Search Images Maps Play YouTube News Gmail Drive More »
Sign in
Screen reader users: click this link for accessible mode. Accessible mode has the same essential features but works better with your reader.

Patents

  1. Advanced Patent Search
Publication numberUS20110199386 A1
Publication typeApplication
Application numberUS 12/705,026
Publication dateAug 18, 2011
Filing dateFeb 12, 2010
Priority dateFeb 12, 2010
Publication number12705026, 705026, US 2011/0199386 A1, US 2011/199386 A1, US 20110199386 A1, US 20110199386A1, US 2011199386 A1, US 2011199386A1, US-A1-20110199386, US-A1-2011199386, US2011/0199386A1, US2011/199386A1, US20110199386 A1, US20110199386A1, US2011199386 A1, US2011199386A1
InventorsPallavi Dharwada, Jason Laberge
Original AssigneeHoneywell International Inc.
Export CitationBiBTeX, EndNote, RefMan
External Links: USPTO, USPTO Assignment, Espacenet
Overlay feature to provide user assistance in a multi-touch interactive display environment
US 20110199386 A1
Abstract
An example method of displaying items on a touch screen display includes detecting contact with a touch-sensitive display. The method further includes generating a semi-transparent overlay that appears on the display based on the contact with the touch-sensitive display. In other embodiments, the example method includes detecting how many contacts are made with a touch-sensitive display, and generating an overlay that appears on the display, wherein the type of overlay that appears on the display is based on the number of contacts that are made with the touch-sensitive display.
Images(10)
Previous page
Next page
Claims(20)
1. A method of displaying items on a touch screen display comprising:
detecting contact with a touch-sensitive display; and
generating a semi-transparent overlay that appears on the display based on the contact with the touch-sensitive display.
2. The method of claim 1, wherein generating a semi-transparent overlay includes generating a semi-transparent overlay having 50% transparency.
3. The method of claim 1, wherein generating a semi-transparent overlay includes generating a plurality of semi-transparent overlays.
4. The method of claim 1, wherein generating a semi-transparent overlay includes generating a semi-transparent overlay that provides paths which a user can trace on the display to perform operations.
5. The method of claim 4, further comprising causing the semi-transparent overlay to disappear once the user traces the paths shown on semi-transparent overlay.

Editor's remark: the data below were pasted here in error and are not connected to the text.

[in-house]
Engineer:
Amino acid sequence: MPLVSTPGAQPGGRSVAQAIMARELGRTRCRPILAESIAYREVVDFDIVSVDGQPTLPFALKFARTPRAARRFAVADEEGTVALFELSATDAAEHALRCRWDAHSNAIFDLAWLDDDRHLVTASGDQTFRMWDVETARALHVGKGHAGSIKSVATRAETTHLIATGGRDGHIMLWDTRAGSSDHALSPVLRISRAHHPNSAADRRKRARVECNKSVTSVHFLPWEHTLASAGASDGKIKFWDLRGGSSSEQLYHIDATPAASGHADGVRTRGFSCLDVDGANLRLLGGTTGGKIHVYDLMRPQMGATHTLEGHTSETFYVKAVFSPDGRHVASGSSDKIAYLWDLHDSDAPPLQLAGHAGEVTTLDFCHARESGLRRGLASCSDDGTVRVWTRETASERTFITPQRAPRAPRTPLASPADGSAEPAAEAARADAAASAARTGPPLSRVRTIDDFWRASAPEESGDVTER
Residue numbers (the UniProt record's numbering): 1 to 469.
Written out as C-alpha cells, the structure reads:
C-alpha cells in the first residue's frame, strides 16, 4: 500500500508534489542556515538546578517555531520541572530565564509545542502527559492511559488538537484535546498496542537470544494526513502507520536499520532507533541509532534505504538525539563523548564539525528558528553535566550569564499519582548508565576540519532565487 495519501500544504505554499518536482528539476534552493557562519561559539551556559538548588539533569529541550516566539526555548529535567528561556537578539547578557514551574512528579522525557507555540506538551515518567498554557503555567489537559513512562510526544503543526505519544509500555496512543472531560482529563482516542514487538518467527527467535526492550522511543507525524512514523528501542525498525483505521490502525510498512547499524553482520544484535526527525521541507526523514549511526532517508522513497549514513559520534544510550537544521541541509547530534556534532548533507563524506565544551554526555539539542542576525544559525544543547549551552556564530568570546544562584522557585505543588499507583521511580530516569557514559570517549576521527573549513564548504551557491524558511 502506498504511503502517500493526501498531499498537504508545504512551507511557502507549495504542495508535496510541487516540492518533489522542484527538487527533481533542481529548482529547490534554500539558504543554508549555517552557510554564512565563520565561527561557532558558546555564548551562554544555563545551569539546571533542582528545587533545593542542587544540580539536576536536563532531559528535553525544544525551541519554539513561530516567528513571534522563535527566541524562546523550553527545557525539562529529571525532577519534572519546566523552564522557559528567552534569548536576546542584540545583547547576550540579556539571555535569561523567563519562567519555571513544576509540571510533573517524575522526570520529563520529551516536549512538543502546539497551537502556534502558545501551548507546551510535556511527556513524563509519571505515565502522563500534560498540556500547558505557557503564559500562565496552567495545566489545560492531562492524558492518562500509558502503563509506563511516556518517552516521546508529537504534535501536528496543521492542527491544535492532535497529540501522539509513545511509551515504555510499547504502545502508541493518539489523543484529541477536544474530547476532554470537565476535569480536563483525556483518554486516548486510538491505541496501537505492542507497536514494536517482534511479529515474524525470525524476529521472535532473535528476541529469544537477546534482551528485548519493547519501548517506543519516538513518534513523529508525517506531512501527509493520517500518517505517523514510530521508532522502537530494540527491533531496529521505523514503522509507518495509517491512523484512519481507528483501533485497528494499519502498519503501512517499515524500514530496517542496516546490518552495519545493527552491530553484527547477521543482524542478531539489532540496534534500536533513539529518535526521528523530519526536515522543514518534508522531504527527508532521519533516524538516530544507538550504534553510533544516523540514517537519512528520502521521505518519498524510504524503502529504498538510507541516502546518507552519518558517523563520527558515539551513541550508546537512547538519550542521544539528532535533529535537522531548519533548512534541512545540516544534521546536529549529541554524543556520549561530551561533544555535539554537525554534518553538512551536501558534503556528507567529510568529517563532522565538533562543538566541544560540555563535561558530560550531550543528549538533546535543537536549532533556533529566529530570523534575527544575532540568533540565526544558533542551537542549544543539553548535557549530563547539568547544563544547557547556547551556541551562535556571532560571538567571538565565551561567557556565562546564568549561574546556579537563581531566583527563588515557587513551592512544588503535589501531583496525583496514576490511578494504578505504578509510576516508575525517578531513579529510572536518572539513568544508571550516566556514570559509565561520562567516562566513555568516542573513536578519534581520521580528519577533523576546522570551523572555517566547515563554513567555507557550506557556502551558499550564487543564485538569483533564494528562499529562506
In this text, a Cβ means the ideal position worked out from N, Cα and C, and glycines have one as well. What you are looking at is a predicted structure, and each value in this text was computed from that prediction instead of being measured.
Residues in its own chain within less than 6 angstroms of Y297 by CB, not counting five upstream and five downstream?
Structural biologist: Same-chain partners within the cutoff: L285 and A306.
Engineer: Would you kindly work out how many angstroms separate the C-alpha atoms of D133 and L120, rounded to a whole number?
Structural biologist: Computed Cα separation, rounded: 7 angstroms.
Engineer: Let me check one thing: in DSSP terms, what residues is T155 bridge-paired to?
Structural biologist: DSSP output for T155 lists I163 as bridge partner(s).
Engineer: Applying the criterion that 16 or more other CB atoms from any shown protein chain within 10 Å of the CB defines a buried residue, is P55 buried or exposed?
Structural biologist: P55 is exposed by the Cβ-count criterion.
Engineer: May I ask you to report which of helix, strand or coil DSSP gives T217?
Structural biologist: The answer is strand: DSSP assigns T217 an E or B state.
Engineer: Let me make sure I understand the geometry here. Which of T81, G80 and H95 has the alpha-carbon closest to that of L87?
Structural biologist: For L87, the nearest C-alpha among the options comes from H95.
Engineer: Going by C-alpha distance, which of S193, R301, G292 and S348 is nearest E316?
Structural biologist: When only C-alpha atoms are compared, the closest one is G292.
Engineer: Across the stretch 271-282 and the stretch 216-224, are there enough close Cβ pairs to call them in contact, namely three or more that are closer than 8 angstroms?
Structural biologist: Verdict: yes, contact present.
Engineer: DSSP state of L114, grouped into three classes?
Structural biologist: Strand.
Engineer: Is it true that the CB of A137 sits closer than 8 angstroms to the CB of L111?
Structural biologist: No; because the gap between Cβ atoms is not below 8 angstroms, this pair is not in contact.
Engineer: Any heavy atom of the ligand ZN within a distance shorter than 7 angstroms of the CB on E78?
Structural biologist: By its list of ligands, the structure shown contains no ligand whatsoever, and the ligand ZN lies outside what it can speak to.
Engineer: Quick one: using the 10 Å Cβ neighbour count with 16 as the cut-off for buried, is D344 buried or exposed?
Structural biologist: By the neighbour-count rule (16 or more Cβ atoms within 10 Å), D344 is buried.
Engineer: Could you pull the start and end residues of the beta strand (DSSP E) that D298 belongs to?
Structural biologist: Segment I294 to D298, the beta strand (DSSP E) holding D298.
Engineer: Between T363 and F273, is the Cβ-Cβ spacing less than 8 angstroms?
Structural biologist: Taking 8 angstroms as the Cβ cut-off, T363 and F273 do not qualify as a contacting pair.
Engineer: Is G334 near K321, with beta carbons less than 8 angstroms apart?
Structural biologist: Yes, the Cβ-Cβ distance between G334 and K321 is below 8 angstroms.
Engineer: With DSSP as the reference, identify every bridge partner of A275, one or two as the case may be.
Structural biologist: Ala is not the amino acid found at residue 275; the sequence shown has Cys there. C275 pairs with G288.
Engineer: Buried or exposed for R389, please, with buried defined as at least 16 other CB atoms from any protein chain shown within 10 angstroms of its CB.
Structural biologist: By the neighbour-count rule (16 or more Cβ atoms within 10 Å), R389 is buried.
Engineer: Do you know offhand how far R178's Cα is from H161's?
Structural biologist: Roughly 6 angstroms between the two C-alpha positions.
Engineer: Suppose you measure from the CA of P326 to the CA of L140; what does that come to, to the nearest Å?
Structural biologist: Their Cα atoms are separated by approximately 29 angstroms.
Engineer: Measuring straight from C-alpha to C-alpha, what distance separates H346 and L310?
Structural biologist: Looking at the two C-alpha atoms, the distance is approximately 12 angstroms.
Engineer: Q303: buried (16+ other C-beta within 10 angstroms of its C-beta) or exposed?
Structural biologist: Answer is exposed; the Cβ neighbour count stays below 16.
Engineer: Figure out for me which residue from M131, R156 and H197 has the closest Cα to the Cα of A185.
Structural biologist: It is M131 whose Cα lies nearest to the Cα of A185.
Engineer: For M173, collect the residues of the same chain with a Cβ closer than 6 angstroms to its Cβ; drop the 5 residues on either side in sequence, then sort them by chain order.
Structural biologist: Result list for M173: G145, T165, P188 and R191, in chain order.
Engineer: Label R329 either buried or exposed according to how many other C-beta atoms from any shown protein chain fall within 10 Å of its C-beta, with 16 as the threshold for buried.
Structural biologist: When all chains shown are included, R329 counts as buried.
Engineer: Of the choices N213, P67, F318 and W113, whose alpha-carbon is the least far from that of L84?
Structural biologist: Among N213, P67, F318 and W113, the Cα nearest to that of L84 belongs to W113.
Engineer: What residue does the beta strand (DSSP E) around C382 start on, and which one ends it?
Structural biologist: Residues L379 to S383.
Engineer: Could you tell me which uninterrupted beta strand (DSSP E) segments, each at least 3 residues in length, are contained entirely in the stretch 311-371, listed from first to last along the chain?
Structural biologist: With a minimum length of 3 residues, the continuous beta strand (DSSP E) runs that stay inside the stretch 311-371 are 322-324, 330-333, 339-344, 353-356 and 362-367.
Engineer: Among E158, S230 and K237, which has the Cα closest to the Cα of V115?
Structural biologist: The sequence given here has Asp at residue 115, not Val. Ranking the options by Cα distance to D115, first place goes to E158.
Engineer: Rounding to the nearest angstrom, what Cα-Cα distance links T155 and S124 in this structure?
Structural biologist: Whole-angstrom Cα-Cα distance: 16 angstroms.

6. A method comprising:
detecting how many contacts are made with a touch-sensitive display; and
generating an overlay that appears on the display, wherein the type of overlay that appears on the display is based on the number of contacts that are made with the touch-sensitive display.
7. The method of claim 6, wherein generating an overlay includes generating a plurality of overlays that appear on the display is based on the number of contacts that are made with the touch-sensitive display.
8. The method of claim 6, wherein generating an overlay includes generating an overlay that provides paths which a user can trace on the display to perform an operation.
9. The method of claim 8, further comprising causing the overlay to disappear once the user traces the paths shown on the overlay.
10. The method of claim 6, wherein detecting how many contacts are made with a touch-sensitive display includes determining how many contacts are made with the display for a minimum amount of time.
11. A system comprising:
a touch-sensitive display; and
a processor to detect contact with a touch-sensitive display and to generate a semi-transparent overlay that appears on the display based on the contact with the touch-sensitive display.
12. The system of claim 11 wherein the processor generates a semi-transparent overlay having 50% transparency.
13. The system of claim 11 wherein the processor generates a plurality of semi-transparent overlays.
14. The system of claim 11 wherein the processor generates a semi-transparent overlay that provides paths which a user can trace on the display to perform operations.
15. The system of claim 14 wherein the processor causes the semi-transparent overlay to disappear once the user traces the paths shown on semi-transparent overlay.
16. A system comprising:
a touch-sensitive display;
a processor to detect contact with a touch-sensitive display and to generate an overlay that appears on the display, wherein the type of overlay that appears on the display is based on the number of contacts that are made with the touch-sensitive display.
17. The system of claim 16 wherein the processor generates a plurality of overlays that appear on the display is based on the number of contacts that are made with the touch-sensitive display.
18. The system of claim 16 wherein the processor generates an overlay that provides paths which a user can trace on the display to perform an operation.
19. The system of claim 16 wherein the processor causes the overlay to disappear once the user traces the paths shown on the overlay.
20. The system of claim 16 wherein the processor determines how many contacts are made with the display for a minimum amount of time.
Description
BACKGROUND

Monitoring large and complex environments is a challenging task for security operators because situations evolve quickly, information is distributed across multiple screens and systems, uncertainty is rampant, decisions can have high risk and far reaching consequences, and responses must be quick and coordinated when problems occur. The increased market present of single-touch and multi-touch interaction devices such as the iPhone, GPS navigators, HP TouchSmart laptop, Microsoft Surface and Blackberry mobile devices offer a significant opportunity to investigate new gesture-based interaction techniques that can improve operator performance during complex monitoring and response tasks.